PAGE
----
He told the Vanguard in an interview that someone needs to be to run, just in order for there to be a performance review. But he went further, first pointing out that he likes all three of the incumbents as people and calls them dedicated public servants who are worthy of respect and praise.
Mike Nolan is a lawyer who began his practice in San Luis Obispo. He now has four children who are all in Davis public schools. While he joined the PTA in 1999, he never went to a meeting until his oldest went to Junior High.
People were looking for someone to join the Superintendent-Parents advisory Committee. This was a body that would bring a lot of district-wide information to the Superintendent. He joined in 2006, at the end of the 2005-06 school year. And he has served four tumultuous years that have seen four different superintendents and several budget crises.
However, his first issue was a rather mundane one. There were no nets on the basketball hoops on school playgrounds and this was a source of complaint from a number of parents. So he took up the issue and it turned out there had been a college student who was playing on the courts and went up to attempt to dunk the ball and got his hand caught in the wire net and lost a finger. He sued the school district and the insurance company made the district take down the nets.
He was about to get cloth nets put into place when suddenly Superintendent David Murphy resigned and interim Superintendent Richard Whitmore had more pressing issues to attend to.
Since then more serious issues have plagued the school district, and in January 2008 the district was facing a huge budget deficit right after passing Measure Q. Mr. Nolan pushed immediately for another parcel tax, but the district, for a variety of reasons, was not ready to do that just yet. The Davis Schools Foundation was able to raise enough money to allow the district to continue to operate with minimal cuts, after a flurry of spring proposals that included the suggestion of closing Emerson Junior High.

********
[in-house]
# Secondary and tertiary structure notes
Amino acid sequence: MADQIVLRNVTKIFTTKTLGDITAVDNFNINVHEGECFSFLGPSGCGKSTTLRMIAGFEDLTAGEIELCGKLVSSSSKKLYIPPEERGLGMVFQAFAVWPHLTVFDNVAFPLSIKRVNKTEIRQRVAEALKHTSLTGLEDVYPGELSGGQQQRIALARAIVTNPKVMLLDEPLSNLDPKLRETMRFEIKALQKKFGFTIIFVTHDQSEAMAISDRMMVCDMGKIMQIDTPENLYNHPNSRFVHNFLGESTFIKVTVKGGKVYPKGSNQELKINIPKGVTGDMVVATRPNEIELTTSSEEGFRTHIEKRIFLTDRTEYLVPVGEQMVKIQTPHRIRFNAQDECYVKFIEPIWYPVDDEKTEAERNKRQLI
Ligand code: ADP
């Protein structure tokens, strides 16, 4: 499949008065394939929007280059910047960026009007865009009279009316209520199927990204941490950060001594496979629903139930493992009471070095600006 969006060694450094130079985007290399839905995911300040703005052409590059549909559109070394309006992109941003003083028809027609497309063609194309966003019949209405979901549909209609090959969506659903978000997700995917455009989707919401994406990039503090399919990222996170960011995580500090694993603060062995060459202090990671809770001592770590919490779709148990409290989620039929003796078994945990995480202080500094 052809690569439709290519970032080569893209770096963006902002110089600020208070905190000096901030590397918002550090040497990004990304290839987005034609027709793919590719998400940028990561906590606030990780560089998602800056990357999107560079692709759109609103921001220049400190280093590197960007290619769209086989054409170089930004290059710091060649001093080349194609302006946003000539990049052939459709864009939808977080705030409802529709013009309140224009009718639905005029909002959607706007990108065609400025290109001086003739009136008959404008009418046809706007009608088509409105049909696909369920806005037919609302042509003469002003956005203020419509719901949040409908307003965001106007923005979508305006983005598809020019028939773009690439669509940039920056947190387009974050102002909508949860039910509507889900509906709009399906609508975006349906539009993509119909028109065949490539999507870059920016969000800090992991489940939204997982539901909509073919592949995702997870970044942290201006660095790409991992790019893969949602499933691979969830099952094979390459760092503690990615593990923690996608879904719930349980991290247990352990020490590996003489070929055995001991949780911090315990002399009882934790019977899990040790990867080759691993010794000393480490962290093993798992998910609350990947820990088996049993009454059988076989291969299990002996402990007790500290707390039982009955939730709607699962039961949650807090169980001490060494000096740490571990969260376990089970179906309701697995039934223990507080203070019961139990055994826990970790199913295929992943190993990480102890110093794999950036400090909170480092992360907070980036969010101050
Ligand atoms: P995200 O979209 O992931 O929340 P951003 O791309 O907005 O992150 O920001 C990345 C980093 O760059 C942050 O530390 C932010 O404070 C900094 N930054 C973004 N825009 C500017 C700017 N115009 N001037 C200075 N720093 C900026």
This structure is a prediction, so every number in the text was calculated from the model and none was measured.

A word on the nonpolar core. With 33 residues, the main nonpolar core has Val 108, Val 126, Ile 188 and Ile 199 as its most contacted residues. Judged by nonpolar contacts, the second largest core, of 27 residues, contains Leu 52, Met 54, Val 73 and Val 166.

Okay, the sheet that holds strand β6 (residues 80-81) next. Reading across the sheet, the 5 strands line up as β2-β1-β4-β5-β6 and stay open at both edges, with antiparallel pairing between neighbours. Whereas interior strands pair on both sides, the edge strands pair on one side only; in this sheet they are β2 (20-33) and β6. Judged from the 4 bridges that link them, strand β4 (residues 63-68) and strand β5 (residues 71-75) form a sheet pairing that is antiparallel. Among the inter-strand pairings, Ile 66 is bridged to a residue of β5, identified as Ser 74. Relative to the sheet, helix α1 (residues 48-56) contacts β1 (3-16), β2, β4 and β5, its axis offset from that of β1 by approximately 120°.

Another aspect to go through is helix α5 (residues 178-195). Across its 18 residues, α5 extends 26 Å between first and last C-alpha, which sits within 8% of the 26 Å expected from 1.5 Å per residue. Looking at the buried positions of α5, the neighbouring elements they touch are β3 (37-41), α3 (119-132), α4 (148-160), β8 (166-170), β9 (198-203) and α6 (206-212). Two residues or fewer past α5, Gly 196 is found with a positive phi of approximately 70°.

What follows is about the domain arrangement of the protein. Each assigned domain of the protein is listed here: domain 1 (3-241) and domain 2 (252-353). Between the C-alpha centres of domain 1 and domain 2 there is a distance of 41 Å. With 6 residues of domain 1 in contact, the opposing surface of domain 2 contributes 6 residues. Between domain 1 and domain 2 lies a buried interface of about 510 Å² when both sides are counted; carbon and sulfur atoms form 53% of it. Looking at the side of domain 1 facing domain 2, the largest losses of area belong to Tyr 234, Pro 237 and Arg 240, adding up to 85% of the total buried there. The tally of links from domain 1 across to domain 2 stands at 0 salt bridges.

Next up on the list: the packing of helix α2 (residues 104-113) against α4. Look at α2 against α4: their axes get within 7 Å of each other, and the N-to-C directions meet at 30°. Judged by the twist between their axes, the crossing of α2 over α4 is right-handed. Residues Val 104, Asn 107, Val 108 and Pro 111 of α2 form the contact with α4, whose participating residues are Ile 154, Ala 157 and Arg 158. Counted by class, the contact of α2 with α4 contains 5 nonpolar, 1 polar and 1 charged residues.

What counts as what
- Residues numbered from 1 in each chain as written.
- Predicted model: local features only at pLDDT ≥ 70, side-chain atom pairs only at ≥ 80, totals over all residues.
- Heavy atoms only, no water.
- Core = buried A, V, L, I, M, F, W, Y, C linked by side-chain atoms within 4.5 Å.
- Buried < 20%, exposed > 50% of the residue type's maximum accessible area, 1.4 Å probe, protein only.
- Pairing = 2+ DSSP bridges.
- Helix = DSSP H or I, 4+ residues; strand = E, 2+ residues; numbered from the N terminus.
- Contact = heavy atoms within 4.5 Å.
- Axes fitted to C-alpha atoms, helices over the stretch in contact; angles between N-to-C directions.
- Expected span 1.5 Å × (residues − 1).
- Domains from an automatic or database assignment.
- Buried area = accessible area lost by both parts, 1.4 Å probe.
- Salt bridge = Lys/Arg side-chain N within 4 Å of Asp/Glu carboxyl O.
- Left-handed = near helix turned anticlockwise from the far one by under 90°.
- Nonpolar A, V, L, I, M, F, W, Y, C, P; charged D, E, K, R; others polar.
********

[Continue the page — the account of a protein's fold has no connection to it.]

Eventually the school district did consider a new parcel tax. Mike Nolan told the Vanguard that with him as PTA President, Willett PTA was the first PTA to support the new parcel tax in 2008.
Another point of concern he expressed was a situation that arose in late 2008, just after the voters had approved Measure W. The issue of school reconfiguration was placed on the agenda at 7:30 am on a Sunday morning. This was the issue where the district would consider whether to switch the configuration to include ninth grade in the high school and whether to change the Junior Highs to 7-8 or 6-7-8. The Sunday Meeting was advertised and supposed to be a workshop but there were a few substantive issues that somehow were also placed on the agenda.
Mike Nolan and a number of concerned parents came down to the meeting to see what was going to happen. Mr. Nolan was as concerned about the procedure as he was with the actual policy. The parents who came out at 7:30 on a Sunday morning waited for an hour as the board met in closed session. When they emerged, they took the issue off the agenda. According to Mr. Nolan, the issue of reconfiguration has never popped up since that day. He felt the whole event was a sign of disrespect, after all the parents and PTA members had done to pass Measure W.
However, the parents stuck around and saw what Mr. Nolan describes as micro-management, in which the district was firing its lawyers, apparently against the advice and wishes of Superintendent James Hammond. Superintendent Hammond wanted to consult with attorneys who were familiar with the school district, but according to Mike Nolan, the school board told the superintendent that he could now only call this new firm for legal advice.